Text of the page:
First, let thank you all for the comments.  There are no right or wrong answers, just great thoughts and ideas for us to all think about and learn from.  Now, the rest of the story.

The rest of the story.

There is nothing earth shattering here, but I learned two valuable lessons on this fire.

When we pulled up on this fire, the first arriving engines were all two man cabs. We didn’t have jump seats in any of our trucks at the time. I did some digging and found out that this fire was in 1997.

The drive was narrow and we got hung up in the ditch, blocking the drive right off the bat.  Luckily we had multiple trucks rolling at the dispatch and we had adequate personnel.

The first crew stretched a 1 3/4 inch line in through the side B door in the kitchen and advanced up the stairs.  The first floor had no smoke or fire at this time.  It became apparent fairly quickly that the initial attack was not making any progress.

We advanced a second line, a 2 1/2 inch stretch up the same stairs and made a very fast knock down.  The importance of this is that we did this with less than 1000 gallons of water.  Why do I stress this?

I have had debates about using large lines when water supplies are limited or late in developing.  When asked about using a larger line the response is that they would not use one because they will run out of water too fast.  My rebuttal is always that they may just get enough gpm on the fire to put it out before you run out of water.  That is exactly what we did.  Oh, and two guys handled the hose!

So, lesson 1 is big fire equals big water. If the fire is advanced enough that you will run out of water, it wont make any difference what size your line is. But, the larger line will put out more fire in that short amount of time.

While we were up stairs fighting fire, there was a crew in the living room doing some work. They had started salvage operations in the unaffected part of the house.  Understand that we didn’t need extensive ventilation and we had adequate manpower.  But, they stacked and covered everything in the living room and did the same in other rooms that were appropriate.

This ended up paying off big with the homeowner. As happy as they were about us putting out their fire, they were just as happy, or even more so, that we protected what had not been damaged by fire but would have been by the water.  When they were interviewed by the paper they went on and on about our efforts to protect all of their property.

So, lesson number 2 is to take the time to perform salvage operations if manpower and conditions permit. It is something that is too often overlooked.

By the way, there was no basement here, but all of you are correct in assuming this until you know for sure.  All of the responses were great and I really appreciate the time that you took to share.

Stay safe and be careful.

http://firefightersenemy.com

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Big fire = big water - been preached for a very long time. In the pic, it does not appear that it is such "big fire" and understandably, the first route of attack would be the status quo handlind (1 1/2 or 1 3/4) which is most common. Especially when it is know that water is going to be limited.
Having a hydrant, and with unlimited water on hand, would certainly be ideal and one less thing for the IC to be concerned about in the initial sizeup, but being without, and choosing the not so common route of 21/2 line, would probably not be something the average small town commander would want to risk, especially if they were not in the habit of doing it and therefore not as proficient as they are with the smaller lines.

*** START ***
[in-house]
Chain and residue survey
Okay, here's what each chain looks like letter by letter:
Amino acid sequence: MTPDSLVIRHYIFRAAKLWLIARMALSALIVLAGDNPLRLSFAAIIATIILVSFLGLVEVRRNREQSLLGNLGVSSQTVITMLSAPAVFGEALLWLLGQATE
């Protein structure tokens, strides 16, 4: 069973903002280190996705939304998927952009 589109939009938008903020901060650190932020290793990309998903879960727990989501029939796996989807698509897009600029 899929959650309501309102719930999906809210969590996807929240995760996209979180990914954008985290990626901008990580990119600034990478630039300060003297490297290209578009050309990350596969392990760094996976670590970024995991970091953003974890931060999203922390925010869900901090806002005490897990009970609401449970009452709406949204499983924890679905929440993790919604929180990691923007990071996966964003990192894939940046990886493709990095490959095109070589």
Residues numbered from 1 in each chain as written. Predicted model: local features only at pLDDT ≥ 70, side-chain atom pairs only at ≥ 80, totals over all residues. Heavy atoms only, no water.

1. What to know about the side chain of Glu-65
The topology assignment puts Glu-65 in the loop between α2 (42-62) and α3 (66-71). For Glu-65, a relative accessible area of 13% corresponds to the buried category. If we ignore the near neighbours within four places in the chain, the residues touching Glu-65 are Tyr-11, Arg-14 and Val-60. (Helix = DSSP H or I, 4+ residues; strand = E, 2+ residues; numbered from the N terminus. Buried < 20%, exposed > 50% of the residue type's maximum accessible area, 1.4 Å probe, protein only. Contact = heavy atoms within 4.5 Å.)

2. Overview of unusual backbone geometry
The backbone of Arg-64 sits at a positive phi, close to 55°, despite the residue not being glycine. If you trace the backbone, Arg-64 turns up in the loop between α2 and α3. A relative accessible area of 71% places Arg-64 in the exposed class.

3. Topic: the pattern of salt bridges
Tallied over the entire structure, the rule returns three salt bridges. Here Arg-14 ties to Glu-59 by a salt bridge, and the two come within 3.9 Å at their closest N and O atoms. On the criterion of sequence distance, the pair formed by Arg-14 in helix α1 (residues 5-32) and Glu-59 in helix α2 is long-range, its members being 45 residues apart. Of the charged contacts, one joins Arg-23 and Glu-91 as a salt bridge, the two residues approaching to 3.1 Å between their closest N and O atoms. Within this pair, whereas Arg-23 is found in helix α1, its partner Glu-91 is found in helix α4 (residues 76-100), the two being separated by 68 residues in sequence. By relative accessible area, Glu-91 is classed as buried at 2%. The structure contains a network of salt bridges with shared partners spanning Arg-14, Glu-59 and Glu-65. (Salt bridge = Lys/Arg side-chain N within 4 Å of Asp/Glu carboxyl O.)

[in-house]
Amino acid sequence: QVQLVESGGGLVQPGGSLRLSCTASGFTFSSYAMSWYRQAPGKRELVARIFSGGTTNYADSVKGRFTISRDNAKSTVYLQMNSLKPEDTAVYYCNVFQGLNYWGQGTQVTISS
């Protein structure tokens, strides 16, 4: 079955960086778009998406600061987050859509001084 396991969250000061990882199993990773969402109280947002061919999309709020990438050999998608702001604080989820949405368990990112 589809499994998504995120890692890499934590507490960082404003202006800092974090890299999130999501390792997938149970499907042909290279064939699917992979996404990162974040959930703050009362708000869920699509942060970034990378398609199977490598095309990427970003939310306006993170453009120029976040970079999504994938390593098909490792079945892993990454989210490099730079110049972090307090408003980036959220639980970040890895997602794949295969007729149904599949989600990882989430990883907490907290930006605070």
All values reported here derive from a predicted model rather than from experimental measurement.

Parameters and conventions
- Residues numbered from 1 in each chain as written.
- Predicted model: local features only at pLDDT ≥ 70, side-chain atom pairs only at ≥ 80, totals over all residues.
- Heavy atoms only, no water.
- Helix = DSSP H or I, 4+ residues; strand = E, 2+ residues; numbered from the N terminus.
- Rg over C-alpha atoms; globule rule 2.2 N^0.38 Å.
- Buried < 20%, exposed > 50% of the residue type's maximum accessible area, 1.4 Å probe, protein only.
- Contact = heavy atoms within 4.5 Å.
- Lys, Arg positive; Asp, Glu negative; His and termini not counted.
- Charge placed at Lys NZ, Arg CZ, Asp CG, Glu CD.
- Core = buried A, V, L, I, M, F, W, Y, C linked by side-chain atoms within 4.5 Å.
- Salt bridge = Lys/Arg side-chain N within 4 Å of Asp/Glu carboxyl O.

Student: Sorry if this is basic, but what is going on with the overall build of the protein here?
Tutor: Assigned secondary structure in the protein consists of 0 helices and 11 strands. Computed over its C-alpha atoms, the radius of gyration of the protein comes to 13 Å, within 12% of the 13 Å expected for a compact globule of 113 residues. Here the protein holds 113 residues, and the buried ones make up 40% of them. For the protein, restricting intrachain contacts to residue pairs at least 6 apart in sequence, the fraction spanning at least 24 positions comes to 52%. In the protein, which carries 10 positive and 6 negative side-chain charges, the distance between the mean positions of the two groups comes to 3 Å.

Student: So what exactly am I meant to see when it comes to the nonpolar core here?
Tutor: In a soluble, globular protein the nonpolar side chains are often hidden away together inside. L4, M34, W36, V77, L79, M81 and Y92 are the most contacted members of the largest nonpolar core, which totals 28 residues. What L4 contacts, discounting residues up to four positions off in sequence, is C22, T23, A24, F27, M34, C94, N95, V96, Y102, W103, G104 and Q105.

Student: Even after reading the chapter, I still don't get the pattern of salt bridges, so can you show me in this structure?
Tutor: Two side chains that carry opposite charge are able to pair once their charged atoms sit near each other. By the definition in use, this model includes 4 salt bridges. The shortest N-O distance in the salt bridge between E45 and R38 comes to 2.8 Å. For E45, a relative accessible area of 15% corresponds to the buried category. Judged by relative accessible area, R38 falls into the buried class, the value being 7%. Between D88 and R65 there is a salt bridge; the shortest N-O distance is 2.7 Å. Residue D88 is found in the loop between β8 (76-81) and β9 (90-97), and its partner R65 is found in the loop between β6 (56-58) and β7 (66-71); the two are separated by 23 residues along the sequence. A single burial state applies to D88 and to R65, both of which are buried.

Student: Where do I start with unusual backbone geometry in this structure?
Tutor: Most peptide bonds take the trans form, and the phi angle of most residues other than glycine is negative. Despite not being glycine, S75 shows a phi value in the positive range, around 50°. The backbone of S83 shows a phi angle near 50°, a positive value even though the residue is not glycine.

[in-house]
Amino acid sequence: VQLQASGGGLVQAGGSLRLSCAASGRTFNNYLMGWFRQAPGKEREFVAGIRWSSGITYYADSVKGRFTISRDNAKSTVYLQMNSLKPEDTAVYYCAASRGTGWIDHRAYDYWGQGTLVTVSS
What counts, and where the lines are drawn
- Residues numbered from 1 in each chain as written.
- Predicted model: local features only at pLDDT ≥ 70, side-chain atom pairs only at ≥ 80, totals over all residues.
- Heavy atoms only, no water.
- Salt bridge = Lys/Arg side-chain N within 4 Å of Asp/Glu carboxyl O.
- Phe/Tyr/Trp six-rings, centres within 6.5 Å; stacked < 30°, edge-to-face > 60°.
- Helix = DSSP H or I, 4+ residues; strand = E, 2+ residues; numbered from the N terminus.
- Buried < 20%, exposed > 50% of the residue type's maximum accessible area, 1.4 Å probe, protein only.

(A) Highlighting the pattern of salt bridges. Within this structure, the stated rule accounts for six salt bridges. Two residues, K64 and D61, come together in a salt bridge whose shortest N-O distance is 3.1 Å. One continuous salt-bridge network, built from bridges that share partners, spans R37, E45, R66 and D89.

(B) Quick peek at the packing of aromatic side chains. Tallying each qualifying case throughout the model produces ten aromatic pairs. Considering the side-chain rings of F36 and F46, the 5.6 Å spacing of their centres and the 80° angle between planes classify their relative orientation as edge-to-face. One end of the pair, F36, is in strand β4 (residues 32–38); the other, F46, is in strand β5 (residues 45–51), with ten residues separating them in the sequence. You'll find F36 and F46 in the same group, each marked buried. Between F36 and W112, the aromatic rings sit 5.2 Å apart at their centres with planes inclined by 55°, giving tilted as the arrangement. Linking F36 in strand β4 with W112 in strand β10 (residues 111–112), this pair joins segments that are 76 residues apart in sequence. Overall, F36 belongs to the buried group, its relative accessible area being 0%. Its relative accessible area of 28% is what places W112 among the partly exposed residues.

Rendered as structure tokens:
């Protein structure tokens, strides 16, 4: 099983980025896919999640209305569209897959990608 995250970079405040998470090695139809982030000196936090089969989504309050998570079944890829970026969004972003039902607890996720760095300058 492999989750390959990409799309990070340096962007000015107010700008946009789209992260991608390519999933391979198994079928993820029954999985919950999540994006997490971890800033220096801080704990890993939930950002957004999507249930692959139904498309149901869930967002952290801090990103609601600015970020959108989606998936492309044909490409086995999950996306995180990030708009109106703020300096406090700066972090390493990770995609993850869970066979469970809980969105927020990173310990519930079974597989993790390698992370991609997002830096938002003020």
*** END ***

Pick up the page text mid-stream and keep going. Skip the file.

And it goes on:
I watch many videos posted on here, and many times, it appears that the guys operating the nozzle are simply spraying at will, like a candle-moth syndrome.. open the knob and push water and hope it hits the right spot, but not giving too much thought to nozzle technique or correct stream, or pattern. This wastes precious water, and of course if it is going to be in short supply from the get go, the commander has to start MA from the outset of the alarm. (pre-planning would help determine which areas are not on hydrants and would require tanker shuttle etc)
Another thing is, I was always taught, attack from the unburned side, thereby instead of pushing the fire back into the unburned areas of the home, they actually push the fire out the closest vent points, to the area of origin (if they catch it in time) such as windows etc. Of course that would also allow for a salvage operation. While the fire is actually being fought, crews could indeed be inside doing the salvage, and not be worried that the attack crews were going to push that bad ass fire right back over top of them.
I know this method works, as I have been inside when they do it wrong, and know first hand it can burn! lol
It is very very gratifying, when you bust your ass to try and save a home that is clearly not going to be saved, while the owners stand on the street and watch their life go up in flames, then to take those owners, and show them that we have saved their lifelong treasures- pictures, heirlooms, furniture etc.
We can go from zeros (people still sometimes think we did not do enough to save their home despite our best efforts) to heros by doing good salvage, and like some have already stated, how many dept. really even consider this as an initial tactic along with the initial attack?
Awesome post as always, keeps people thinking outside the box, and that only makes us better.
I have never had to use a 2 1/2 line for a offensive attack on a residence .
CLAP CLAP CLAP CLAP...well put.
Kudos to all for an excellent discussion!

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